“Drug users are gonna use drugs,” said Bennett, whose organization also provides HIV testing and counseling. “People who want to have sex are gonna have sex. So why not let people do what they are gonna do anyway more safely?”
Yarborough recalled how his body started to deteriorate in the days before he got his AIDS diagnosis in 2010. Suffering from bronchitis, he would run out of breath walking to his mailbox. He had thrush – an infection in his mouth – and was struggling with digestive problems. And then he collapsed in the shower one day. He didn’t want to go to the hospital because he was afraid of what he would learn. Yarborough finally went after his mother insisted.
His heart sank when his doctor told him he had AIDS. But his troubles weren’t over. Within that same year, Yarborough learned he was also suffering from Kaposi’s sarcoma, a cancer that causes abnormal tissue made of cancer and blood cells to grow under the skin. The disease moves quickly in AIDS patients.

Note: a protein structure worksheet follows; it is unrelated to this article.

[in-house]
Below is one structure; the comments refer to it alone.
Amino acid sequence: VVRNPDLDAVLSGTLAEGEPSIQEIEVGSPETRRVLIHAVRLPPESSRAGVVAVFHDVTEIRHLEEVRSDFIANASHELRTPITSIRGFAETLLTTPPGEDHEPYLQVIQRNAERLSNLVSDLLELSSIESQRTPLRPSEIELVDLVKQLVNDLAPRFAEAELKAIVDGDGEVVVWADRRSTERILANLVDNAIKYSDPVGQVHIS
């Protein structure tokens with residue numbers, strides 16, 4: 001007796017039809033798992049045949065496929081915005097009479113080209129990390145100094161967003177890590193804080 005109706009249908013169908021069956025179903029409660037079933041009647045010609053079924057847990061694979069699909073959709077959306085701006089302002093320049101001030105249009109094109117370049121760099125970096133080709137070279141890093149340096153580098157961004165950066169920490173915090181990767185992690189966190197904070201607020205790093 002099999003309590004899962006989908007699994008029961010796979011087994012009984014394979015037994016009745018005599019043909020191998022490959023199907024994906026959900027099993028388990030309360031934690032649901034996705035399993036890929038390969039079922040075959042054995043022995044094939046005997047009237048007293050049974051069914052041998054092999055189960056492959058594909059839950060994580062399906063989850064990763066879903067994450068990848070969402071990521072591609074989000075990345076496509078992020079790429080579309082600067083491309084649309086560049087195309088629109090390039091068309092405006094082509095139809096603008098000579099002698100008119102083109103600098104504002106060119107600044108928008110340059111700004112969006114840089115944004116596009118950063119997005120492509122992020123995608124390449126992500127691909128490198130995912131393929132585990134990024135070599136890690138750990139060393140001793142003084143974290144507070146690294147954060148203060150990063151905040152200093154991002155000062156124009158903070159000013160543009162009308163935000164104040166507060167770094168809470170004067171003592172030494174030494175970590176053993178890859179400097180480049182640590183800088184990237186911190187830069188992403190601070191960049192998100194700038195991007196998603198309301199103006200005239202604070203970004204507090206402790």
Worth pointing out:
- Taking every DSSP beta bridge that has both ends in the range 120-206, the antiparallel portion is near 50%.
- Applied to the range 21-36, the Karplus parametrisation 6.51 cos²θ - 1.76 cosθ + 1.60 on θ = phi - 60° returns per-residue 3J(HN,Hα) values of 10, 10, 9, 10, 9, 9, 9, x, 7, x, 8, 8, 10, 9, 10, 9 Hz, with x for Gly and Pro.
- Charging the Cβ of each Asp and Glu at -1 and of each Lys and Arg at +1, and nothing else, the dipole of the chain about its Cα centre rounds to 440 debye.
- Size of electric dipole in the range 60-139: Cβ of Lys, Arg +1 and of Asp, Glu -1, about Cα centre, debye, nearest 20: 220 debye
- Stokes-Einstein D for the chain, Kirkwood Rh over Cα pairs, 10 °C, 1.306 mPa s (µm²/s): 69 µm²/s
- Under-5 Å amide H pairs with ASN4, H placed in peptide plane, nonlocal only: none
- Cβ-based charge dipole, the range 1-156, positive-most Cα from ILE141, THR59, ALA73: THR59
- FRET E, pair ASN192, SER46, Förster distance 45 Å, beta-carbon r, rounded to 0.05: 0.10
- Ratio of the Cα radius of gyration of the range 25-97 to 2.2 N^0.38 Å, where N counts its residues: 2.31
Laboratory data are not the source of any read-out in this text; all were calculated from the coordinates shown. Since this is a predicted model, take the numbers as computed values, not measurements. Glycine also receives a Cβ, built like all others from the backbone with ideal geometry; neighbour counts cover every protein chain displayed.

At one point, Yarborough was undergoing chemotherapy and taking 11 pills to treat all of his medical problems. Now he is down to one pill a day — Stribild — and can go for months without seeing a doctor. Yarborough, who is exercising and watching his diet, said he now feels “like a normal person.” He is about to get his GED diploma and is studying business and finance at Atlanta Job Corps.
In some ways, Yarborough sees his illness as a blessing. It has forced him to take care of himself. It has given him a new outlook on life. And it has opened doors for him as an activist combating HIV. He is now creating a nonprofit organization called HYPE to Empower, which is aimed at helping young people with HIV.
“HIV has matured the hell out of me,” he said. “HIV gave me a sense of life. It gave me a sense of purpose.”